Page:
Viola is the protagonist of the play Twelfth Night, written by William Shakespeare. When Sebastian, Viola's lost twin, arrives alive and well in Illyria with a pirate named Antonio, the chaos of mistaken identity ensues because of their. Sebastian is one of the main characters from William Shakespeare's play Twelfth Night, Background. Sebastian is the twin brother of Viola. After the beginning of the play, Viola mentions that her brother Sebastian is drowned in the sea. In Twelfth Night the relationships are anything but romantic. At the end of the play they meet and both fall in love, Viola with Orsino and Sebastian with Olivia.
The period supports this closeness and easy transgression of sexual boundaries not only by the existence of a transvestite theatre that invited its audience to see young boys as women, but also by the medical science of the day.
Medical and anatomical treatises from the time of Galen cited homologies in the genital structure of the sexes to show that male and female were versions of unitary species As Rackin explains the figure of the androgen was a conflicted image at best: The androgyne could be an image of transcendence- of surpassing the bounds that limit the human condition in a fallen world, of breaking through the constraints that material existence imposes on spiritual aspiration or the personal restrictions that define our roles in society.
But the androgyne could also be an object of ridicule or an image of monstrous deformity, of social or physical abnormality.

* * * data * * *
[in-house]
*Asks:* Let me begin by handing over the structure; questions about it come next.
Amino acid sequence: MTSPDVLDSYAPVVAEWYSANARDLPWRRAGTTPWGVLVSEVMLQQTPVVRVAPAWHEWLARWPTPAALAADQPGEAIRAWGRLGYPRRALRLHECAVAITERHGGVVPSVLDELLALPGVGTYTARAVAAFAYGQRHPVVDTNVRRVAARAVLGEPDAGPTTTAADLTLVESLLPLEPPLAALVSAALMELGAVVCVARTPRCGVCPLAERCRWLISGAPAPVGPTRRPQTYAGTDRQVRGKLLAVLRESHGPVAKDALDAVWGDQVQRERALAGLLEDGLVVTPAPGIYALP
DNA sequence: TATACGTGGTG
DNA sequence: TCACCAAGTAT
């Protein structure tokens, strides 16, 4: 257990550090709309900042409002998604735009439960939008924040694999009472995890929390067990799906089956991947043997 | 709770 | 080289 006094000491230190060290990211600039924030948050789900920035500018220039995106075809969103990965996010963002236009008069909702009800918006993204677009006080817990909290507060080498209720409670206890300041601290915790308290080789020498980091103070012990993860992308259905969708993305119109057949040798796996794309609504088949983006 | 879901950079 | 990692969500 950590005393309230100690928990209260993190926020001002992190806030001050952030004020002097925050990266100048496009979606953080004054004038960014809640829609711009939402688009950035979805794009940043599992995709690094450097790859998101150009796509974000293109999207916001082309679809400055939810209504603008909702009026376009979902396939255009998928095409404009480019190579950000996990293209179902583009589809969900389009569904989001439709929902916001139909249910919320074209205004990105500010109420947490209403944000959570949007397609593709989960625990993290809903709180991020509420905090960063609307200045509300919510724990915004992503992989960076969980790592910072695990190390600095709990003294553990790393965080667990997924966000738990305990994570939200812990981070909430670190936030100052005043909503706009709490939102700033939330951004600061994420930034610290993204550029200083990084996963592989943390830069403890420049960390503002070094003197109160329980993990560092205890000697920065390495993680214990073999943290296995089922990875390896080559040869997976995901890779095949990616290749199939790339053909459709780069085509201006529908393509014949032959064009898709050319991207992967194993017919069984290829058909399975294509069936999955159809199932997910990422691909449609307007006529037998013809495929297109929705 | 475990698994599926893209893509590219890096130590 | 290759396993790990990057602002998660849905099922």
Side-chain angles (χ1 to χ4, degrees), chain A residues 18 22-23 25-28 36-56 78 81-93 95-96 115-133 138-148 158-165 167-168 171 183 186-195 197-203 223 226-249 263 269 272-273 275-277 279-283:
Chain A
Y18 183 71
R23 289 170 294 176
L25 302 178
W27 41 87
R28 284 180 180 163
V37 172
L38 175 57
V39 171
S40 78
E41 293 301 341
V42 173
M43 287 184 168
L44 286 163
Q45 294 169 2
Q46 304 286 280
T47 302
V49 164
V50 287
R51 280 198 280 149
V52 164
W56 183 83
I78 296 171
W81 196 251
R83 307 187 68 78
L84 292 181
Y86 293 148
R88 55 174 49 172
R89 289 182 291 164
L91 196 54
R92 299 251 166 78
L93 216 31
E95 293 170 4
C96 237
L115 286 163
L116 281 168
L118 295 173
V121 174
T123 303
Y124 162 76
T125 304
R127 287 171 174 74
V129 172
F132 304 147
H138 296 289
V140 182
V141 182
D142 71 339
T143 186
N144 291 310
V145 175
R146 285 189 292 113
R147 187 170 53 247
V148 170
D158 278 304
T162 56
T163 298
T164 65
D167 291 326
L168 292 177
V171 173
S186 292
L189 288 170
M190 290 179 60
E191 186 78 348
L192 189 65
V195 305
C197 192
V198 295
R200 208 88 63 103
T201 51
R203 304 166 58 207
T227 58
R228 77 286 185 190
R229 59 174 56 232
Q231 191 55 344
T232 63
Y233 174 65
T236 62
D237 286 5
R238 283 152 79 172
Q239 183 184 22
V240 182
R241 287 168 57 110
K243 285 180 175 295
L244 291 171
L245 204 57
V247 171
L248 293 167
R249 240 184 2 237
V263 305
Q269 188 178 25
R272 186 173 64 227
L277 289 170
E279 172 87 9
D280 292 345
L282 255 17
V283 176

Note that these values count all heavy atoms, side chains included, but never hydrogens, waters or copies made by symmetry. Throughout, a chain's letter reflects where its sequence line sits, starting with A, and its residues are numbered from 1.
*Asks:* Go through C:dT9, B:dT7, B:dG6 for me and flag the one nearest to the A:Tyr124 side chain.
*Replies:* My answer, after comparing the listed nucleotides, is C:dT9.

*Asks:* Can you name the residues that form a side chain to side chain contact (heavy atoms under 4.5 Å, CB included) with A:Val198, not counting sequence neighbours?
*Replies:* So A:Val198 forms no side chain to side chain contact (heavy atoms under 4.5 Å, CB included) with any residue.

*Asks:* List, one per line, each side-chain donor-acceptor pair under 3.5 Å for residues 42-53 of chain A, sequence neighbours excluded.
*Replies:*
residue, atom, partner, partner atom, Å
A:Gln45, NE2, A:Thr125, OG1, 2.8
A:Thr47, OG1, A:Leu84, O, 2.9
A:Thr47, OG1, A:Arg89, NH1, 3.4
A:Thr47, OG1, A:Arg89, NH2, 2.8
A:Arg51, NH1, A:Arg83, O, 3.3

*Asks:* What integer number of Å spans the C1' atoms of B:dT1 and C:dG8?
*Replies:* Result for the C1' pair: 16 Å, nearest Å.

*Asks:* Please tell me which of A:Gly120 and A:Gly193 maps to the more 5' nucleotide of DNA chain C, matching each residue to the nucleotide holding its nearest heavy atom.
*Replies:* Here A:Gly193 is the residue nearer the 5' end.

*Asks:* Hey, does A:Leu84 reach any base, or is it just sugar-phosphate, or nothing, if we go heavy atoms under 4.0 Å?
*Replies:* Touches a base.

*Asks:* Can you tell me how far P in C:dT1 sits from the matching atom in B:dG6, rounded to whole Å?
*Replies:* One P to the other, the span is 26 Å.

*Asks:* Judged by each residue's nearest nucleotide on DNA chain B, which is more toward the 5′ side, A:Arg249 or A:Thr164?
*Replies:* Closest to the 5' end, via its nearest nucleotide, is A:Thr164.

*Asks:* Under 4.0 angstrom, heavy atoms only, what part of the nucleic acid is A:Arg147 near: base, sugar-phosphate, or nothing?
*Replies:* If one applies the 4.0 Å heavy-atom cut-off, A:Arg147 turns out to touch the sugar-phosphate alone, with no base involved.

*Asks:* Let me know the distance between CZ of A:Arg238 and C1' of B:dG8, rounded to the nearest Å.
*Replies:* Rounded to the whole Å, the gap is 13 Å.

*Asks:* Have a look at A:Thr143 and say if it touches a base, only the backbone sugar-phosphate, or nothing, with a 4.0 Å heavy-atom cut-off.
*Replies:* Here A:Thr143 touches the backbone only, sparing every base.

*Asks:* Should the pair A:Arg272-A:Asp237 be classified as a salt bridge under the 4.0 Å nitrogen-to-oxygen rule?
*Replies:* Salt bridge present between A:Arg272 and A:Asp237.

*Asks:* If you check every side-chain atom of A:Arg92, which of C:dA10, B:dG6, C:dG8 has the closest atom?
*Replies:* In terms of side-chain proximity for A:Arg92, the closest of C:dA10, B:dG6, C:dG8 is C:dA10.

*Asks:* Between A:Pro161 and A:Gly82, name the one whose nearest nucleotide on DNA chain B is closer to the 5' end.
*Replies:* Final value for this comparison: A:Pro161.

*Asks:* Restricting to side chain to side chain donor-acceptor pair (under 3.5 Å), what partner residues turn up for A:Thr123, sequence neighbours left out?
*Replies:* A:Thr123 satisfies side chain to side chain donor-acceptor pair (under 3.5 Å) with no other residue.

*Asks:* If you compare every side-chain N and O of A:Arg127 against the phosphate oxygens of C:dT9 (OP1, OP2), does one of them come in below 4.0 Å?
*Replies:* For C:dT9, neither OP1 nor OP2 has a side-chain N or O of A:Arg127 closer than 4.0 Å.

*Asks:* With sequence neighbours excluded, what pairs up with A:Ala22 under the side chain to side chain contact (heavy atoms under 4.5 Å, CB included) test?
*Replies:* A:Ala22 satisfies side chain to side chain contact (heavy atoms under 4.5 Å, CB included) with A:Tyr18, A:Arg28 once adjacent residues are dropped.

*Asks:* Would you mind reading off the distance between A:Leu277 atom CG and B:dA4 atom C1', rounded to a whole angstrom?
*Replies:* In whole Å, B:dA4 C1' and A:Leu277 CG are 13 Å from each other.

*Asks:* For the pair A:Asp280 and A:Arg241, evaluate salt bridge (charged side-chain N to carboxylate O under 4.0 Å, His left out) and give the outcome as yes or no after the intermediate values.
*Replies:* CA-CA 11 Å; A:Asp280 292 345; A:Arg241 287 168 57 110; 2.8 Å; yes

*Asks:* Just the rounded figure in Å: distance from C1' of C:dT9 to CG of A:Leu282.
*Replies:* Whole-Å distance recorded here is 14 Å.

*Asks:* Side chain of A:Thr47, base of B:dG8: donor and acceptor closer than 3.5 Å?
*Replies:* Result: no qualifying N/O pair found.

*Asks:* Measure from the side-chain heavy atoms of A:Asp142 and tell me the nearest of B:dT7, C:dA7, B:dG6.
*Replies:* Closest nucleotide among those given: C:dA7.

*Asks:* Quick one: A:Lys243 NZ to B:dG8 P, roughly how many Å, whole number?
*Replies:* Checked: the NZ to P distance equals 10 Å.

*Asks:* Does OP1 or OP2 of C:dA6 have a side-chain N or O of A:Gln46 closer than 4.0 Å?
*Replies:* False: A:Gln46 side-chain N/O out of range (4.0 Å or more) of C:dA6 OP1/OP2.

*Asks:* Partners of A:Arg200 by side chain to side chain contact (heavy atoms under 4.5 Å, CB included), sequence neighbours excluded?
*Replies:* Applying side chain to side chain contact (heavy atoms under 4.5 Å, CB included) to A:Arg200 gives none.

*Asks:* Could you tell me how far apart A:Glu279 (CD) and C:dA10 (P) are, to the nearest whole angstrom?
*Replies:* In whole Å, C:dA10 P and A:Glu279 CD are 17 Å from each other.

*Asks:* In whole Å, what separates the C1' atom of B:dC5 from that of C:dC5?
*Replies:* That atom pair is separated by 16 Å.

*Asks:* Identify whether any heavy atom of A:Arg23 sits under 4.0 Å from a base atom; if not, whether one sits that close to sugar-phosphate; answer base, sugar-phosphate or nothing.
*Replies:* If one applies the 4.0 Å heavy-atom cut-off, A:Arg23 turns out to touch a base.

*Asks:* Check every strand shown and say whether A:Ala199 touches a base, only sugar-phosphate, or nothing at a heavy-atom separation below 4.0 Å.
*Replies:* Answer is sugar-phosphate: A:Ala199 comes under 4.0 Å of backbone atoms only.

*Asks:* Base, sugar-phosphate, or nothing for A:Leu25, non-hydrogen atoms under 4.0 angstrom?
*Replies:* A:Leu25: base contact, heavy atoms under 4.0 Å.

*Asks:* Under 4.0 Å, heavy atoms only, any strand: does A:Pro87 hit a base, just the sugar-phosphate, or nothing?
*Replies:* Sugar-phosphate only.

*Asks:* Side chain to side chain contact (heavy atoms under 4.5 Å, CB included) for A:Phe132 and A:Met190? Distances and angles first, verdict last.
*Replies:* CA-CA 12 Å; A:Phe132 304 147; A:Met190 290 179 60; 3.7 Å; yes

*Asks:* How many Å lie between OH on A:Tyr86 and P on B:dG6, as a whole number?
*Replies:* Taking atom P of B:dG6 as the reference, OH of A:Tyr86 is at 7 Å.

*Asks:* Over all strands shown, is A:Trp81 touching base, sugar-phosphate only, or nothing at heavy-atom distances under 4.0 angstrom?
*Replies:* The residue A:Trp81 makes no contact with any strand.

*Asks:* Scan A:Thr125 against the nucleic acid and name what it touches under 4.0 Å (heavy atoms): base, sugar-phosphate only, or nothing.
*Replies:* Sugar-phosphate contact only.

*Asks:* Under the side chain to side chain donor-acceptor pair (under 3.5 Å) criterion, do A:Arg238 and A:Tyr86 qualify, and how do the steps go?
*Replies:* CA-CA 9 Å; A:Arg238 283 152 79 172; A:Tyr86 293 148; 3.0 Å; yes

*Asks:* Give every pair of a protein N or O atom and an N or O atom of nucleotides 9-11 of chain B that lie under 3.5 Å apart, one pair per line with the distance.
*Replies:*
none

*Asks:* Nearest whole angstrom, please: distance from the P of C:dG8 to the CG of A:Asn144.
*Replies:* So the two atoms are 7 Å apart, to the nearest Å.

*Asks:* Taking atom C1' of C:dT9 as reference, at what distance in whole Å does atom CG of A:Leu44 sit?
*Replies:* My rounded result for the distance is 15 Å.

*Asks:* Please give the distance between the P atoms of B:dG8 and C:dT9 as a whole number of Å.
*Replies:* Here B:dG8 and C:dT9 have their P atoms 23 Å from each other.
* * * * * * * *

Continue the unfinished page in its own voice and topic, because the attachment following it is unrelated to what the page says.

Antonio, insulted, infuriated, and believing Sebastian will not return money he had given him, gives full voice not only to his love for the youth, but also his disappointment, with particular emphasis on his beauty: This youth that you see here I snatched one half out of the jaws of death, Relieved him with such sanctity of love, And to his image, which methought did promise Most venerable worth, did I devotion.
But, O, how vile an idol proves this god! Thou hast, Sebastian, done good feature shame. Virtue is beauty, but the beauteous evil [. Antonio, at the very least, gives credence to the anti-theatricalists fears. Later in the play Antonio uses words seemingly borrowed from an anti-theatrical tract to explain his presence in Illyria: Pequigney historically contextualizes the attraction of men to boys: While these codifications did not exist at the time of the play they give us another course of analyzing the texts to uncover themes overlooked or invisible in the past.
My stars shine darkly over me. The malignancy of my fate might perhaps distemper yours. Therefore I shall crave of you your leave that I may bear my evils alone. I would not by my will have troubled you, But since you make your pleasure of your pains, I no further chide you… My kind Antonio, I can no other make but thanks, And thanks, and ever thanks… 3.